Prospective tenants need to make a good impression on the real estate agent who will decide who gets to rent the property. Here are six factors that can help or hinder your chances of getting approved.
Two-thirds of tenants in Australia rent through a real estate agent. A national shortage of private rental housing forces these tenants to impress the real estate agent to secure a property – their application needs to stand out from other applications.
An analysis of articles on leading online real estate sites www.realestate.com.au and www.domain.com.au identifies six aspects of interactions between the real estate agent and tenant that affect a tenant’s ability to secure a rental property. My research reveals the power of the agent over the tenant. Agents strongly stigmatise certain tenant characteristics during the property search.
These real estate articles typically fail to recognise the systemic issues of housing shortages in Australia. As owner-occupied housing becomes more unaffordable and public housing becomes less available, a variety of household types are competing in a high-demand private rental market.
Households have differing economic, cultural and social capital. This puts some applicants for a rental property at a disadvantage. But real estate sites present the issue of secure rental housing as an individual problem that can easily be overcome once a tenant understands how to highlight their desirable characteristics when applying for a rental property.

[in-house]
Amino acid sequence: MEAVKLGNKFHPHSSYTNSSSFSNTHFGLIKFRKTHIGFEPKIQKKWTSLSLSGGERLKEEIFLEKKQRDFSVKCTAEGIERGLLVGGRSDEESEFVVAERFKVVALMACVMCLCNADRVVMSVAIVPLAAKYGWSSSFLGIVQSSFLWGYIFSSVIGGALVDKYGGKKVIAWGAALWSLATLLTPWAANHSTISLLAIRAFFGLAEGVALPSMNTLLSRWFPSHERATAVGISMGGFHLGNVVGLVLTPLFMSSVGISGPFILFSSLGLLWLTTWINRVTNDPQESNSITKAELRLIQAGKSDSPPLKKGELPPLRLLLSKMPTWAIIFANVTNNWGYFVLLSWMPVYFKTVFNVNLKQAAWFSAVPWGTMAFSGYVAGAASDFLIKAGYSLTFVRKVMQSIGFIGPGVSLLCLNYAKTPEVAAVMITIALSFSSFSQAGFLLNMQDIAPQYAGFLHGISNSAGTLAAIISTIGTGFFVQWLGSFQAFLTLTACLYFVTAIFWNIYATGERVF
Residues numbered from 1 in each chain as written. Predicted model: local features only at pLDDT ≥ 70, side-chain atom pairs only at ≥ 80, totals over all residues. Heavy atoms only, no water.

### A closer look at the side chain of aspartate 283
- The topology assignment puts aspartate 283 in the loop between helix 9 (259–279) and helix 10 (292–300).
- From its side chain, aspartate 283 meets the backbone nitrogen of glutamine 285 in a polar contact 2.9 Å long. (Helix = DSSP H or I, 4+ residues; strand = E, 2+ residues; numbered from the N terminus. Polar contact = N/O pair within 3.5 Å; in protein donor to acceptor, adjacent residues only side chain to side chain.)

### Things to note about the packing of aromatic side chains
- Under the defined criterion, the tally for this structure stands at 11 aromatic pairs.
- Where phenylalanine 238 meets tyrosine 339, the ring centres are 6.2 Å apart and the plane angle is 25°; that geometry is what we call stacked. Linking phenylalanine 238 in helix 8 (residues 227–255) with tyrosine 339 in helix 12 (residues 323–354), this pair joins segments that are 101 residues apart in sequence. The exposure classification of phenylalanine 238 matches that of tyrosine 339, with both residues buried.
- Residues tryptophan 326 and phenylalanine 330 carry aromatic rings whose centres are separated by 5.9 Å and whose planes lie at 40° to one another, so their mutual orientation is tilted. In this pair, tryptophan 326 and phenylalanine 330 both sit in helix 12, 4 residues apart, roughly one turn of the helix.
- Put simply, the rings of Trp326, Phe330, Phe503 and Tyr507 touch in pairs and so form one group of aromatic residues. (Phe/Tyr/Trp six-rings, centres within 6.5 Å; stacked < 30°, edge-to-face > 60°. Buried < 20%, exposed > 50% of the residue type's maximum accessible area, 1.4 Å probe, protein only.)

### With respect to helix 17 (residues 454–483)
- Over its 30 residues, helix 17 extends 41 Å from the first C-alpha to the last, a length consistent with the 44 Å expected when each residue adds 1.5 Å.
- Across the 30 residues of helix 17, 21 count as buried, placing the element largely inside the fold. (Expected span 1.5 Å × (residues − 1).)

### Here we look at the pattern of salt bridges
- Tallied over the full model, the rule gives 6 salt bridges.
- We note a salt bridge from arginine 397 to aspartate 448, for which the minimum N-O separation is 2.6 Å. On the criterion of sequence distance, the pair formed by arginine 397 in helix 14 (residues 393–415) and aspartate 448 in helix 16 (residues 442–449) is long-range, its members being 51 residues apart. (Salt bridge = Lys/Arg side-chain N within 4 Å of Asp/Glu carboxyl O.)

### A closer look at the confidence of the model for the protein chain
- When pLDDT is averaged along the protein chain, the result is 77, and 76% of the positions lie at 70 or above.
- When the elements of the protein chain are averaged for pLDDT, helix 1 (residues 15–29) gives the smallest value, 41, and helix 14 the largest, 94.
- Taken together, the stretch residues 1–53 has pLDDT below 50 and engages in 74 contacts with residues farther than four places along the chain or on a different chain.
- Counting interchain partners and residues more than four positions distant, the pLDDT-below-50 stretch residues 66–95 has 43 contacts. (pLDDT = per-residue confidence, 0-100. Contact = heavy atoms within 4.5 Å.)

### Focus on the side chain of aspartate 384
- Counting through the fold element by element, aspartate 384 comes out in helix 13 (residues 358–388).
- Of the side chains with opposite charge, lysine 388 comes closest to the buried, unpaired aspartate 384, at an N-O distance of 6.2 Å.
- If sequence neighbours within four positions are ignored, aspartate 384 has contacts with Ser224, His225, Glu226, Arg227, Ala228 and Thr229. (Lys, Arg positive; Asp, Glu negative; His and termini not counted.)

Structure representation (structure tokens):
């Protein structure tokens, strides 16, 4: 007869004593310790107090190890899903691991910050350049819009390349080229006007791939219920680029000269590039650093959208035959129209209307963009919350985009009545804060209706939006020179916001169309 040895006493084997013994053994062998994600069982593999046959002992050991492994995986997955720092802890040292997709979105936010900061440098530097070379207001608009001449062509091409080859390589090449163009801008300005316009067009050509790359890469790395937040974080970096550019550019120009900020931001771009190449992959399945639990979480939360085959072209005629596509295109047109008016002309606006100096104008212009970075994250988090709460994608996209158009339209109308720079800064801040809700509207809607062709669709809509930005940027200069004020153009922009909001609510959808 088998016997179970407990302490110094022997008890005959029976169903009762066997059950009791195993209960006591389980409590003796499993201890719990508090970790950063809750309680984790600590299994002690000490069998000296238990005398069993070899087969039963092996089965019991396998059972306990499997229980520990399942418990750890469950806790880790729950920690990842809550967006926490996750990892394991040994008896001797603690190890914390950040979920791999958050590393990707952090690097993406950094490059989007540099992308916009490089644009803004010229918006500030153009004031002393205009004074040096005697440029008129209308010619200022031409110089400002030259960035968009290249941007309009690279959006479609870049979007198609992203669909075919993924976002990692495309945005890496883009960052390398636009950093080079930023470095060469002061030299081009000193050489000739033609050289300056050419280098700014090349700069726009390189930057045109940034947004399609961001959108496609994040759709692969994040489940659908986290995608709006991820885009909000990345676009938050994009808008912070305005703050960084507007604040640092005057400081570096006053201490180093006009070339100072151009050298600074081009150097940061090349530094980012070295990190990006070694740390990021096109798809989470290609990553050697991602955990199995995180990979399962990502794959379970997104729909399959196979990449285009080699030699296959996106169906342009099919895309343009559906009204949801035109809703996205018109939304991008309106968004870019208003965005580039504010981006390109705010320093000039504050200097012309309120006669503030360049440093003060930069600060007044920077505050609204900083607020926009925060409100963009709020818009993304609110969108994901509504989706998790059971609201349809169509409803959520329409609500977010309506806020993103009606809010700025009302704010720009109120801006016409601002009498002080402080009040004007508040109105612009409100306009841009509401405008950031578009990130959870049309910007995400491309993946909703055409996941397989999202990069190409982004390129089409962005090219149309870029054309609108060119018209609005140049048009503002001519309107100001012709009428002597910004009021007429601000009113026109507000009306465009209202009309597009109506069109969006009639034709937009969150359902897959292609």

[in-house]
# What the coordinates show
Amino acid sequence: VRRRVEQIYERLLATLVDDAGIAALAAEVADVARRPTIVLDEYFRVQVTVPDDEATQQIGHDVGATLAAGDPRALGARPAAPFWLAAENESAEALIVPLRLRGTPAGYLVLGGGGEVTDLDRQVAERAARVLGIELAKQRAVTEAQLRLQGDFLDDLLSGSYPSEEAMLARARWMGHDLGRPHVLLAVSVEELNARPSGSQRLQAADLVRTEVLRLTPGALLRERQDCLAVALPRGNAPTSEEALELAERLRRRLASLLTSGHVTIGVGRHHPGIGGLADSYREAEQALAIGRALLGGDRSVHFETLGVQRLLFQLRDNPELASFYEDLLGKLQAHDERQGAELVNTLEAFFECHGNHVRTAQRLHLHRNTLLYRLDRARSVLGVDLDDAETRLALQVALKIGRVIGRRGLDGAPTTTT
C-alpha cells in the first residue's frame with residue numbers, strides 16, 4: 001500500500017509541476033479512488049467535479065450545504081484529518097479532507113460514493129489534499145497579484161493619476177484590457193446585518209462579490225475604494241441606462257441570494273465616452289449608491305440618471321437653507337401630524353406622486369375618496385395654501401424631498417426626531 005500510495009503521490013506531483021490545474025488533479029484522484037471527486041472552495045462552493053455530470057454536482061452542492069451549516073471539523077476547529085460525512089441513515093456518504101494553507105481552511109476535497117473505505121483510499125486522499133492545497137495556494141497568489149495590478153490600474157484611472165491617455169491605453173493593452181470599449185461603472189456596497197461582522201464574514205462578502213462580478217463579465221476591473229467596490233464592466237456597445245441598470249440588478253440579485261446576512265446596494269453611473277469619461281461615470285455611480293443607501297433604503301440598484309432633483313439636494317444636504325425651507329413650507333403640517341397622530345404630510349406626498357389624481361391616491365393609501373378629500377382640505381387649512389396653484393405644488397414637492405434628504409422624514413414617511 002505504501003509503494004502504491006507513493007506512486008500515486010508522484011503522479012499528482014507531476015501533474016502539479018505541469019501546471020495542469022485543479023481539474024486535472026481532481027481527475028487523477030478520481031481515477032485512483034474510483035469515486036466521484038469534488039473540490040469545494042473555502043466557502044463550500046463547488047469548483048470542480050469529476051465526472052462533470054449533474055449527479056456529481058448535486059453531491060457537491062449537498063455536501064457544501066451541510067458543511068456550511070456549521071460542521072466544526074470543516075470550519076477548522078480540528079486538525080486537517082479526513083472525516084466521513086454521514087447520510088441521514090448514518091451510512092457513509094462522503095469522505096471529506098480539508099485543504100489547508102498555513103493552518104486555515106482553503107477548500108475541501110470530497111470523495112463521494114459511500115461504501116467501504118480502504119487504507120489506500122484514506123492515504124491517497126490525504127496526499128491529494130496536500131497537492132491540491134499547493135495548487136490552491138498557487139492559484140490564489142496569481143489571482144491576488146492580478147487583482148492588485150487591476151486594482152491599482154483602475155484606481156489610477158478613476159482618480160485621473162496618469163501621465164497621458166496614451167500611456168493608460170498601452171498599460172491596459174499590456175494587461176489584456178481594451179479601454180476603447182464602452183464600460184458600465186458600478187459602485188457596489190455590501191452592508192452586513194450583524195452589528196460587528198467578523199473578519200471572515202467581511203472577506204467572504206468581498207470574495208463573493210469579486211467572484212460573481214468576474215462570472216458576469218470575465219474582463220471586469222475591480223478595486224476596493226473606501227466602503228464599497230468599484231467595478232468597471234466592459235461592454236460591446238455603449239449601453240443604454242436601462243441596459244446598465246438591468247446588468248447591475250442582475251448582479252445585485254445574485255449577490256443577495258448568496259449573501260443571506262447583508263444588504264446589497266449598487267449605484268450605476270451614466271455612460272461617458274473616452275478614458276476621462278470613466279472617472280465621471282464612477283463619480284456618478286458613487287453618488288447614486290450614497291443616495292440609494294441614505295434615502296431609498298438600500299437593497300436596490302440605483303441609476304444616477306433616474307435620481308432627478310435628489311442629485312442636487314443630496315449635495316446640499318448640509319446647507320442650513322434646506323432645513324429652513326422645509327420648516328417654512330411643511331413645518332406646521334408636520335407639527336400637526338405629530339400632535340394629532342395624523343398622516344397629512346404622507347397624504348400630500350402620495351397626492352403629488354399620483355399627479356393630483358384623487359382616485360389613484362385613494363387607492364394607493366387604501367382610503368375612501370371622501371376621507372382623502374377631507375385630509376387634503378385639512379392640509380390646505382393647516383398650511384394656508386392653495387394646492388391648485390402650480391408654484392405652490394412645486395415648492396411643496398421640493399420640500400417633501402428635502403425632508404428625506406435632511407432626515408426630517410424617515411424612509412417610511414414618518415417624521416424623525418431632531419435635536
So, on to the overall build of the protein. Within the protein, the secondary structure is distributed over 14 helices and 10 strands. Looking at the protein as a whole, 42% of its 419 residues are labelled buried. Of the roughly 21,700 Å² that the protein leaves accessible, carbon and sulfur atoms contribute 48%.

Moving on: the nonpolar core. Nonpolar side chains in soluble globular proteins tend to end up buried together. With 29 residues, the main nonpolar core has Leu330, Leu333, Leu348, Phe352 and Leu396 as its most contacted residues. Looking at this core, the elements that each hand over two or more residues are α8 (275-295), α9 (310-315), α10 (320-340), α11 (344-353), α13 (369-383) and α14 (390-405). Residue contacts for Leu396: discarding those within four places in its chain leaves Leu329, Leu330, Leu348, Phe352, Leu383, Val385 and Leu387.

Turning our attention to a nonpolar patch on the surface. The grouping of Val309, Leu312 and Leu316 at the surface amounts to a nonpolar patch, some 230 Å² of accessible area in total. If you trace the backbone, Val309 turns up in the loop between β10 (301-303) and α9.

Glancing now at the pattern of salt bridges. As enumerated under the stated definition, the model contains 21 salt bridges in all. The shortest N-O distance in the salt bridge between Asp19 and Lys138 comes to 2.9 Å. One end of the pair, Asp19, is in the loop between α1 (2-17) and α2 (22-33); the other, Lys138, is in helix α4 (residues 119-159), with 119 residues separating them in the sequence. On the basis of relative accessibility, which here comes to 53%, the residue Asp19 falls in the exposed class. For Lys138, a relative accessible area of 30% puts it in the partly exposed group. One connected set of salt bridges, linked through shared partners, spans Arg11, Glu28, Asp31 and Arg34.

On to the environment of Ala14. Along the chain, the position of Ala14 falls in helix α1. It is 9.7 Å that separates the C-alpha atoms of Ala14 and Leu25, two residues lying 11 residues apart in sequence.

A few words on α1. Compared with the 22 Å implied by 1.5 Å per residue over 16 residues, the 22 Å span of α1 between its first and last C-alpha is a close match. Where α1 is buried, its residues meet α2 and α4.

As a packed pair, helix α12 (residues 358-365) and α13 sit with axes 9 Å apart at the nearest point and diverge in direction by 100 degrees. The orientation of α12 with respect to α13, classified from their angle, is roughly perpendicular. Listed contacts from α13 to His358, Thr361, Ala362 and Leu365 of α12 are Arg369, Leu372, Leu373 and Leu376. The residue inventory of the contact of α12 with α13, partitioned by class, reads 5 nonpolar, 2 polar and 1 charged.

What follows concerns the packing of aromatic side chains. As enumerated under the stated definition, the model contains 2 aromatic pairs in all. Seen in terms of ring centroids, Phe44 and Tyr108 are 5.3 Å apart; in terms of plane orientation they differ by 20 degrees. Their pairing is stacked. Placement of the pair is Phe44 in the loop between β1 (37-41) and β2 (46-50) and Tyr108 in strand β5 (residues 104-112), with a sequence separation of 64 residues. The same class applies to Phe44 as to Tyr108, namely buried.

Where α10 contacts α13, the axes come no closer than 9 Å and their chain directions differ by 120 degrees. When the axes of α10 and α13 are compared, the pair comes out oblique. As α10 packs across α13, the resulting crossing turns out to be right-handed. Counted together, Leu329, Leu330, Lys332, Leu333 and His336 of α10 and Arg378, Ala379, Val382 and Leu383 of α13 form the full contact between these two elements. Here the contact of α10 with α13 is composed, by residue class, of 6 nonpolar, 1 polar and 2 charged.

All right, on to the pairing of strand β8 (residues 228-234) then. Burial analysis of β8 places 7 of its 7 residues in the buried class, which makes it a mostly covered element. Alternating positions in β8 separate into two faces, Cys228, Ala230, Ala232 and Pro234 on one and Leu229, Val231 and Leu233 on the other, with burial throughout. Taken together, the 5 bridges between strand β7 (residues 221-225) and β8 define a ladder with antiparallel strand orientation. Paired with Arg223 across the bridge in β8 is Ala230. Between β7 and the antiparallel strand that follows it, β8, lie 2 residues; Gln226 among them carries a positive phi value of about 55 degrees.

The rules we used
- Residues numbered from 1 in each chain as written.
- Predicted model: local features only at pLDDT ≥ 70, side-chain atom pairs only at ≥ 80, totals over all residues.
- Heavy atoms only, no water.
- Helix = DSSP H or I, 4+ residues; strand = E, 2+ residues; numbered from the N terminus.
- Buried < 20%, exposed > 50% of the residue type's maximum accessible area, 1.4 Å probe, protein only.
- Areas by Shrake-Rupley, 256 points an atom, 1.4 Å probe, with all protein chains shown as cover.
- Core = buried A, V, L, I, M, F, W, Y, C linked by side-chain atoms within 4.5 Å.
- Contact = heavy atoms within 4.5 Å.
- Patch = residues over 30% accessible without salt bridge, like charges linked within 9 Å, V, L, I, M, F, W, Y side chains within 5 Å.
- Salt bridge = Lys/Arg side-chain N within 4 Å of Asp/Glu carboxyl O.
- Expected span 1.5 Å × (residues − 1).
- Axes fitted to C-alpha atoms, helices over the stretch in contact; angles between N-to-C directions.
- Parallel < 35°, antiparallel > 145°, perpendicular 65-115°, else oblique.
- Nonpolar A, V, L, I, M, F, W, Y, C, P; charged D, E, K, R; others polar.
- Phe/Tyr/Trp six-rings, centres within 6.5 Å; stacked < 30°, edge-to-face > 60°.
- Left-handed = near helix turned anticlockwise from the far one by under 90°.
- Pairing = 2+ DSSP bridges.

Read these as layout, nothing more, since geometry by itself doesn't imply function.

How do agents assess tenants?
When assessing a rental application, the two most important qualities a real estate agent looks for are a tenant’s ability to pay the rent on time and their ability and/or willingness to care for the rental property.
In addition, a tenant’s ability to impress the real estate agent matters. My research identifies six aspects of interactions between agent and tenant that affect the ability to secure a rental property:
- responsibility – positive reference/s from previous agents and/or landlords help demonstrate this
- making an impression – dress appropriately and be on time for inspections, engage with the agent and present an easy-to-read, error-free application form
- established relationships – a previously established relationship with the agent or landlord improves the tenant’s chances
- honesty – tenants are encouraged to be honest with their agent about their lifestyle
- flexibility – be flexible about lease length and the cost of rent
- creative thinking – for example, bringing cupcakes to a rental inspection.
Through these interactions, tenants can highlight their desirable characteristics while downplaying their undesirable characteristics.
Selection process reinforces disadvantage
The ability to make a good impression on the agent, however, is largely based on a variety of factors that place some tenants at a disadvantage.